Famed Militant Farmer Fits in G-8 Protest
ANNEMASSE, France (AP) _ He’s been expelled by Israel and is facing jail time at home, but militant French farmer and activist Jose Bove is still doing what he does best: criticizing the G-8 summit.
The mustachioed sheep farmer is one of the most recognizable faces among the thousands expected to march in protests against the start of the Group of Eight summit in nearby Evian on Sunday.
While he focuses on environmental and agricultural concerns, Bove has found kindred spirits among anti-G-8 protesters and social activists who accuse the world’s wealthy countries of polluting the planet and exploiting the poor.
``The G-8 has no legitimacy,″ Bove told reporters at a ``counter summit″ of activist groups in Annemasse, France’s designated hub of protest for the Evian summit. ``There needs to be resistance.″
Bove is no stranger to controversy. He rose to notoriety four years ago when he and several friends ransacked a McDonald’s restaurant being built in southern France. Israel deported him last year for meeting with Yasser Arafat during a military siege on the Palestinian leader’s West Bank compound.
More recently, a French court has sentenced Bove to ten months in prison for destroying a genetically modified crop plantation. He could be imprisoned by police at any time.
``I don’t think they’ll have the stupidity to arrest me here,″ he said. ``But anything’s possible _ I’m on guard.″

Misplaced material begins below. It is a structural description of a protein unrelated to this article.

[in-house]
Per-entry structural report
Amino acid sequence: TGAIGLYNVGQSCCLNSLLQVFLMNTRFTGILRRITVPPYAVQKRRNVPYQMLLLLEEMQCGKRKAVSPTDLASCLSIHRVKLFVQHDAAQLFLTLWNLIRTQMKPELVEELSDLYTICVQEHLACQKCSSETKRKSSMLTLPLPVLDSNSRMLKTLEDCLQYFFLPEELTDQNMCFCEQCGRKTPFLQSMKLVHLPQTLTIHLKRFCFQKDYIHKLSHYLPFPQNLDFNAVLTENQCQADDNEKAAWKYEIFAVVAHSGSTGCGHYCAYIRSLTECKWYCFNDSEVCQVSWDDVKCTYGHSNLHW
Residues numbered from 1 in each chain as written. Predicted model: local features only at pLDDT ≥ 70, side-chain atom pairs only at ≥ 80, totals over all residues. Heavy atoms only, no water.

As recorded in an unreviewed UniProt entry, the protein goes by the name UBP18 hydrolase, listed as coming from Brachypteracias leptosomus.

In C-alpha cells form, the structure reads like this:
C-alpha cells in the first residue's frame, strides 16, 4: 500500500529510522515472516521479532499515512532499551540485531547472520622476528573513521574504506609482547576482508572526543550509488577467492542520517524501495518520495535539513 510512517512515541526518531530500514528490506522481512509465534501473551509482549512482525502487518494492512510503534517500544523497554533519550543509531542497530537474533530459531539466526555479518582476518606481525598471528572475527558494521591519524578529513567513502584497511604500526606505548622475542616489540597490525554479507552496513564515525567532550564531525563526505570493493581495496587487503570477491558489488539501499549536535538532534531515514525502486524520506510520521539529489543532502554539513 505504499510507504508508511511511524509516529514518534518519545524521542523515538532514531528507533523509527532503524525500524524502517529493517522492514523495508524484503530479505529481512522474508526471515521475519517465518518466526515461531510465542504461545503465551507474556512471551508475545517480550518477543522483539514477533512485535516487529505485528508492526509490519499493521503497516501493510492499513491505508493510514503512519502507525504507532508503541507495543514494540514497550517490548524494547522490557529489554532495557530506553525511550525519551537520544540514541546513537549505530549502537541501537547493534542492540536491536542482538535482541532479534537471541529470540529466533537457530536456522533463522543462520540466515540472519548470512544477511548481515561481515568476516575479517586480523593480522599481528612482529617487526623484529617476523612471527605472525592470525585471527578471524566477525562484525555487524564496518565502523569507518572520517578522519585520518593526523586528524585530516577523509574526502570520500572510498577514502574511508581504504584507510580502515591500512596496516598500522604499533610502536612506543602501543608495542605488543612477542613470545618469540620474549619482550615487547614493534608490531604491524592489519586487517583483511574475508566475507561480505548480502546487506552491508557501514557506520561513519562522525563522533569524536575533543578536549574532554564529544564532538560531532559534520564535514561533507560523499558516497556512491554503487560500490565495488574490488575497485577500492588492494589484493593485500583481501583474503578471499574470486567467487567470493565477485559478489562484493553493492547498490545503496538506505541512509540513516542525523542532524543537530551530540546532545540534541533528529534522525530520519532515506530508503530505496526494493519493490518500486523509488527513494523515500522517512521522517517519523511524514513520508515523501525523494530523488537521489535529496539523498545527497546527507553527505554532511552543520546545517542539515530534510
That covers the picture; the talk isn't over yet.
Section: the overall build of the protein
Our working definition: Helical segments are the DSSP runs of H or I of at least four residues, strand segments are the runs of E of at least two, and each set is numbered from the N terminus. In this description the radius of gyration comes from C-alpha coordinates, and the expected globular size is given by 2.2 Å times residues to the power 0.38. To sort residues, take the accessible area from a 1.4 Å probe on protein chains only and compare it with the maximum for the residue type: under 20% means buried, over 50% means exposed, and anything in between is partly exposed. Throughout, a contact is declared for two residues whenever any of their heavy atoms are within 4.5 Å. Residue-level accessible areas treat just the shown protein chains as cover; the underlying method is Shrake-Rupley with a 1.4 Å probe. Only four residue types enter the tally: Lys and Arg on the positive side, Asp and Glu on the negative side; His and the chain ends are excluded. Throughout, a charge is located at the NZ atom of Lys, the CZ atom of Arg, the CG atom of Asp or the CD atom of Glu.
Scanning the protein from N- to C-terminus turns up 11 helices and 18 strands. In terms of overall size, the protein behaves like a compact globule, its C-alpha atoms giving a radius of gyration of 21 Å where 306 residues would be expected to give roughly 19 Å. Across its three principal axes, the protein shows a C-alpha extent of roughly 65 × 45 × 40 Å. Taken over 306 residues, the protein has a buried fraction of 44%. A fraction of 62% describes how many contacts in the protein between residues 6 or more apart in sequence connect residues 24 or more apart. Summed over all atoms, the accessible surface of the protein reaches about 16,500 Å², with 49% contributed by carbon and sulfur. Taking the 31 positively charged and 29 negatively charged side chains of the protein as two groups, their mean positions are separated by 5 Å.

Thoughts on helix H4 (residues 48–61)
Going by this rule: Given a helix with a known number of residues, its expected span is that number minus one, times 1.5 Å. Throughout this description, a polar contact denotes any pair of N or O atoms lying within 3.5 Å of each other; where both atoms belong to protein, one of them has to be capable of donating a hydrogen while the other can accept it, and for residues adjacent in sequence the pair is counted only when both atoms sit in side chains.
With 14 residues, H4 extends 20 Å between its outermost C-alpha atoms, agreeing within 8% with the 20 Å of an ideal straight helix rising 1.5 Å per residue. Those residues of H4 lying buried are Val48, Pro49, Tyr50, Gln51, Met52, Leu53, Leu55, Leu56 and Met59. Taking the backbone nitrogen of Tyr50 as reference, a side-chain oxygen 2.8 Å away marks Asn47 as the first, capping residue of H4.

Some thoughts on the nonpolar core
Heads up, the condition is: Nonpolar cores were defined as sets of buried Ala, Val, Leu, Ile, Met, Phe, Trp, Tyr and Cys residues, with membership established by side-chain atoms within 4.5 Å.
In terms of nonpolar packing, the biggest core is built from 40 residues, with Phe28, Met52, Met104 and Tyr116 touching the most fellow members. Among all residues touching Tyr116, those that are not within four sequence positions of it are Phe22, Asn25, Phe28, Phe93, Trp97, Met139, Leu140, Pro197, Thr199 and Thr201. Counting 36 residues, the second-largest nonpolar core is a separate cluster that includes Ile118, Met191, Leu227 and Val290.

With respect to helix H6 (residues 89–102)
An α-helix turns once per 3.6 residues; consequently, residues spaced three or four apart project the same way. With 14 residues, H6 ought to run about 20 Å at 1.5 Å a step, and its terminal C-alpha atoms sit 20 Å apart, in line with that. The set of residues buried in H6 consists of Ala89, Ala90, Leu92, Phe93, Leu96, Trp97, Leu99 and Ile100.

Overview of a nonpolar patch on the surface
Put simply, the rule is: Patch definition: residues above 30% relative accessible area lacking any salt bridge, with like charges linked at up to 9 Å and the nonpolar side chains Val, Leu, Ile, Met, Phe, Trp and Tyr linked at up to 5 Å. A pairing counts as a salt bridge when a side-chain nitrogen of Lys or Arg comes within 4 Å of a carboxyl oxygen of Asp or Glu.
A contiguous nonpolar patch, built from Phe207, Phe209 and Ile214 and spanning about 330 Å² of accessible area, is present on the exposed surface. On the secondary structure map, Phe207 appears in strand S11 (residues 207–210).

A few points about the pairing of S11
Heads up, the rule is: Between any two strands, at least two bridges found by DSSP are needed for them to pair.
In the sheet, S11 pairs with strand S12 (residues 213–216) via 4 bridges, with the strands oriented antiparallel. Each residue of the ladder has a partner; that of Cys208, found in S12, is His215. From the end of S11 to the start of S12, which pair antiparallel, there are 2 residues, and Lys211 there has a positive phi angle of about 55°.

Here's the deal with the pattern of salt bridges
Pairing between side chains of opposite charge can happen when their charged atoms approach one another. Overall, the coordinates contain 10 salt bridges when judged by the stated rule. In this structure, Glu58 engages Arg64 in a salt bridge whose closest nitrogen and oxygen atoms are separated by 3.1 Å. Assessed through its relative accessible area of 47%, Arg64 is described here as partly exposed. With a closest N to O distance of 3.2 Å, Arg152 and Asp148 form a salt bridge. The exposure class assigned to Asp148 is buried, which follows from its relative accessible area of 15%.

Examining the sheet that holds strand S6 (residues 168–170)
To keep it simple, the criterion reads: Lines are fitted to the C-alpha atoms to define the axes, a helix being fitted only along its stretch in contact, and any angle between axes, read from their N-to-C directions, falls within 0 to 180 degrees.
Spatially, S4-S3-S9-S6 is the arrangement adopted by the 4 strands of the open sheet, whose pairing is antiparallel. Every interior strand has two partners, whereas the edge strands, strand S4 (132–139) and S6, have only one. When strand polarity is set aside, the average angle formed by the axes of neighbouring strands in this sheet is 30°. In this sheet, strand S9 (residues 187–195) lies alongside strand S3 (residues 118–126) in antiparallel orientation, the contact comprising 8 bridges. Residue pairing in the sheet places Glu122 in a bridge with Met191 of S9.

Bove took on McDonald’s as part of his earliest campaign _ against ``malbouffe″ _ or foul food. Since then, he has broadened the fight against genetically modified crops and globalization.
Building on his media successes, Bove has become a fixture of the worldwide anti-globalization movement.
``He maybe goes too far with the media ... but he is courageous,″ said anti-G-8 activist Jean-Luc Fauche, 46, a first grade teacher, as he listened to Bove at the conference.
Bove certainly has his detractors. Critics accuse him of being a professional protester with a history of extremism who cultivates the image of a simple farmer to make himself appear authentic.
Even in his own movement, some say that Bove _ who is about 50 _ is out of touch with younger demonstrators.
``Bove is for older folks and TV _ we don’t care about him,″ said a 17-year-old French protester, Olivier Dugand, wearing a mesh tee-shirt and crew cut. ``We’re young, we don’t need relics.″